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When The Man told us to write about Fulham FC, The Fiver struggled to keep focus, drifting into a state of severe ennui that only got worse as we caught sight of a daddy long-legs bashing its body from one side of the room to the other. What an utterly hopeless existence, we thought, as we wiped a pool of drool off our desk and poured the last dregs of tepid tea from our kettle. The poor thing bounced joylessly against a window and then half flew, half hopped its away along the wall to the other side of the room, where it clattered off Granny Fiver’s signed picture of Steve Ogrizovic before limply heading back the other way, never looking threatening or doing anything remotely interesting. This purposelessness continued for a while until it finally fell out of view. It’s probably dead but we couldn’t be bothered to check. It was hardly a life worth living and if it does reappear its journey will be every bit as pointless as the last one.
So back to Fulham, then, who fell out of the Premier League on Monday night after a listless 2-0 home defeat by Burnley that was so utterly predictable that even Very Intense Man Scott Parker struggled to sound surprised. “I’m hurt, I’m gutted,” he sniffed. “If you’ve not watched us, then that game summed up our year really; very good at times between the boxes, but just fallen short sometimes at both ends. There’s been disappointment this year, and we need to put our hands up, we need to get around a table, we need to understand where we want to go as a club, what we need to do.” But why? The direction they’re going is back down to the Championship, where they’ll grab some parachute cash, reload and very possibly bounce back into the Premier League in time for another season making up the numbers in 2022-23.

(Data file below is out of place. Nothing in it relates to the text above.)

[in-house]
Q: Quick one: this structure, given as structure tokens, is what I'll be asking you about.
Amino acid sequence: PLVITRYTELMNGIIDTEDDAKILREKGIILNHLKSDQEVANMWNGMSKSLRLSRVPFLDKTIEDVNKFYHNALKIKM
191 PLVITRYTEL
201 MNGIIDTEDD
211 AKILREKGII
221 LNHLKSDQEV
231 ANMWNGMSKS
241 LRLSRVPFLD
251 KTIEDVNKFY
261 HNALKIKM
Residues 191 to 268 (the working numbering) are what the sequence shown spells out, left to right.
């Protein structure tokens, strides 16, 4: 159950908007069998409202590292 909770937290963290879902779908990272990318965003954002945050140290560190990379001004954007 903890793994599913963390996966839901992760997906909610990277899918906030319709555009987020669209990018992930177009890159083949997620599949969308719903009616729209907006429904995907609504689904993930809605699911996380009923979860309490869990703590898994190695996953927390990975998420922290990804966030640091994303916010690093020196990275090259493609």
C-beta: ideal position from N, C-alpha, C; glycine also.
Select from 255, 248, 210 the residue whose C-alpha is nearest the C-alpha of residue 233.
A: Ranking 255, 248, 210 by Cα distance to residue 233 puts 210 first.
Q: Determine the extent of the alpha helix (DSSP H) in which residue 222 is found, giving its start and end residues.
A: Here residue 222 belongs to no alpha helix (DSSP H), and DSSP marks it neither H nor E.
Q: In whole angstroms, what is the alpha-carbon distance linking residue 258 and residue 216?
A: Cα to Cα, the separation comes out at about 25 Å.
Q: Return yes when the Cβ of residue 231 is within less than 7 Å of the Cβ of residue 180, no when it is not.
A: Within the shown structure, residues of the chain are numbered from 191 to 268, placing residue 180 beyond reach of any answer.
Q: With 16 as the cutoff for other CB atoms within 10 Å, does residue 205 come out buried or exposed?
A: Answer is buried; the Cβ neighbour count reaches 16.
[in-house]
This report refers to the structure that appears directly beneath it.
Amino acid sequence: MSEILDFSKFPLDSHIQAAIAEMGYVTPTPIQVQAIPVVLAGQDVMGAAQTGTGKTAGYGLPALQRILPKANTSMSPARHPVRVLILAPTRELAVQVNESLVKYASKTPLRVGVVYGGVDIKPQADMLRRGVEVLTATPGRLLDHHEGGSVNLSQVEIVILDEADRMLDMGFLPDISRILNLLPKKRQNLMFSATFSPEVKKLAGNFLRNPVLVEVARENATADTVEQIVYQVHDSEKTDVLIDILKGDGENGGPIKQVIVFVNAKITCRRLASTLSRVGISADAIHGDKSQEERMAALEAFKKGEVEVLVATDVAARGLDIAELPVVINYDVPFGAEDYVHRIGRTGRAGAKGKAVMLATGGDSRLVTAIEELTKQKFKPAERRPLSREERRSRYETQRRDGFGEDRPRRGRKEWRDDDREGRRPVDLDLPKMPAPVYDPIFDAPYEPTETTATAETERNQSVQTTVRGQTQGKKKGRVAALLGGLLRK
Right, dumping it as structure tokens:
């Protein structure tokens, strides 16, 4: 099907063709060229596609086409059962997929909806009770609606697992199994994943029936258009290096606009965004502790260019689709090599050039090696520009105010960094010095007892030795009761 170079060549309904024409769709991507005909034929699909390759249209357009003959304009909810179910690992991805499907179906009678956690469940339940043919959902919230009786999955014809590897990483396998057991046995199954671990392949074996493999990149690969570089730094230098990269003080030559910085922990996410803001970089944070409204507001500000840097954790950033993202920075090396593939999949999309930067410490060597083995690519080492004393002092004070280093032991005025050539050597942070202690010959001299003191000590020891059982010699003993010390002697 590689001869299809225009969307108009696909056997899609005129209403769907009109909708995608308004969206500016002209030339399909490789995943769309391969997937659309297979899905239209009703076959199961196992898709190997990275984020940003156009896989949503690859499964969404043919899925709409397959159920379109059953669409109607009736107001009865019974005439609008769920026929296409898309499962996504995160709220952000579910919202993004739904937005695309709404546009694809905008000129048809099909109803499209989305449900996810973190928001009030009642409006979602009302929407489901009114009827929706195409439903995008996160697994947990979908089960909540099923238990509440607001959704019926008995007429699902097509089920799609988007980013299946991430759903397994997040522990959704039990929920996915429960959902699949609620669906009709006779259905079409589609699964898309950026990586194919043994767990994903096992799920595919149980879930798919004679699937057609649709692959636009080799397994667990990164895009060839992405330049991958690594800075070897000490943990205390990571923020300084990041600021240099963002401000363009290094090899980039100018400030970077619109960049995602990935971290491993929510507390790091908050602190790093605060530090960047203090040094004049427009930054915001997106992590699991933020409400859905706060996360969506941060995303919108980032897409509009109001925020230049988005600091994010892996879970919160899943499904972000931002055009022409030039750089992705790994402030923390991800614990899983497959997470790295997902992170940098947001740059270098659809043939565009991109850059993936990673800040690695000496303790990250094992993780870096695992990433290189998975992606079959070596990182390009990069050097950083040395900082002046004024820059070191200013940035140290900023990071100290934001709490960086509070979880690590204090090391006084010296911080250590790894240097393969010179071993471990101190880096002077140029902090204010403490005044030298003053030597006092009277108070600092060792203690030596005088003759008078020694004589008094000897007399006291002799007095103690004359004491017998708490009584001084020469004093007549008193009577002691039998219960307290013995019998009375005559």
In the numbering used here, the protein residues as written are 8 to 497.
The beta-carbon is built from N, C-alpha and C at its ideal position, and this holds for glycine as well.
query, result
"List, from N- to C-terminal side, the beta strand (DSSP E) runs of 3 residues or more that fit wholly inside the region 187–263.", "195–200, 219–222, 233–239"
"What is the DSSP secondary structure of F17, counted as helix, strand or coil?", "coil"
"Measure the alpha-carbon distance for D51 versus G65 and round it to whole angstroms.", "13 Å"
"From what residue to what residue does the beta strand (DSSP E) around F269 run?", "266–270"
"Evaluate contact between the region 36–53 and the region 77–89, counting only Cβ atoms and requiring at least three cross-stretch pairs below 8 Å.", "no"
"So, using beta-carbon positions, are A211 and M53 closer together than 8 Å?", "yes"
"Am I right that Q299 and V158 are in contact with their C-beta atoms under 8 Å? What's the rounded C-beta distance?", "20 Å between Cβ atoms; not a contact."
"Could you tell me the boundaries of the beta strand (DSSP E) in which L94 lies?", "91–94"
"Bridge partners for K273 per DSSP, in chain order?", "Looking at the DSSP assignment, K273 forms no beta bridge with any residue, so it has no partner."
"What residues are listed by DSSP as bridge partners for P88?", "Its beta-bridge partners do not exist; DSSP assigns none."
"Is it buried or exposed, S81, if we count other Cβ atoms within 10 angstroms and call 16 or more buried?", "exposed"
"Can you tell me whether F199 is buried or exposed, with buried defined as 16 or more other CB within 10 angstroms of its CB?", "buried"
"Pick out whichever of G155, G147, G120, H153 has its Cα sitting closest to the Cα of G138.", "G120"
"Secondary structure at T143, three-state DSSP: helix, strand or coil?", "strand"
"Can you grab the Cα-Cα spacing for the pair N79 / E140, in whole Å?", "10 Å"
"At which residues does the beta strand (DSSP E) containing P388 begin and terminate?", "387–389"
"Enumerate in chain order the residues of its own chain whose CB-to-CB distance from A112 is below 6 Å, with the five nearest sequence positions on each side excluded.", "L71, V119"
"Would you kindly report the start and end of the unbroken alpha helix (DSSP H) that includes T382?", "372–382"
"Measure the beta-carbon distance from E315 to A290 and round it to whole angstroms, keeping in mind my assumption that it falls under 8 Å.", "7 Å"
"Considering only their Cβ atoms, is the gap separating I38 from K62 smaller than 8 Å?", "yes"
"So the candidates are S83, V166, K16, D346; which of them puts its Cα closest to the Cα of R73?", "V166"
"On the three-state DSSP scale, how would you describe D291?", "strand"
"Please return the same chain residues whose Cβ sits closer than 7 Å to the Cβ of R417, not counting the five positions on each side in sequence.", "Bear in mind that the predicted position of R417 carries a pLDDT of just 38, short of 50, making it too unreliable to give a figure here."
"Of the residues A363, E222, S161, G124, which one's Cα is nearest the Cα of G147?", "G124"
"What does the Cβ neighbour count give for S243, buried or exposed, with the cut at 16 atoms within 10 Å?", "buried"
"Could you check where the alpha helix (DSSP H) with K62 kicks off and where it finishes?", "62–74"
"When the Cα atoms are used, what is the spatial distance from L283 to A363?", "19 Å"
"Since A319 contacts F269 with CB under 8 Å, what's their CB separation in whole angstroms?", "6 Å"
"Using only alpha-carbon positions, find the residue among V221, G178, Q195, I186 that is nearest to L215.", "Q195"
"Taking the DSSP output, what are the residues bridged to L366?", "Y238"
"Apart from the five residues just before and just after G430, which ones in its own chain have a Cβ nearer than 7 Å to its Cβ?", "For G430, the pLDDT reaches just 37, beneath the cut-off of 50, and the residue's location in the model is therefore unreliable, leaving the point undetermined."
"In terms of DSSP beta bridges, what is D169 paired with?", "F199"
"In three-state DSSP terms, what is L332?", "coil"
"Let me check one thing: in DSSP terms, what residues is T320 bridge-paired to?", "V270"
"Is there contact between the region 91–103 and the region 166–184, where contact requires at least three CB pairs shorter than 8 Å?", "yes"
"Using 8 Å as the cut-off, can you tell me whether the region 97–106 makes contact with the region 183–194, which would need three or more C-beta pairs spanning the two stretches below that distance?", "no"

That’s Fulham. That’s West Brom. That’s Norwich. That’s Watford. Rinse, repeat. On Monday, Fulham’s players did what was expected of them as the game ended, looking distraught when time blew on their latest whistlestop tour of the top flight. Some squatted on their haunches, grimacing and doing their best thousand-yard stares but, really, shouldn’t they be celebrating? Fulham are the kid at the Premier League disco shyly looking on as the night passes them by. At least in the Championship they might have some fun or do something to get pulses racing again. Aleksandar Mitrović could actually score some goals. Bobby Decordova-Reid might find his dancing shoes and Parker will have more post-match interviews to hone his punk poetry for the next stadium tour. Relegation? Bring it on!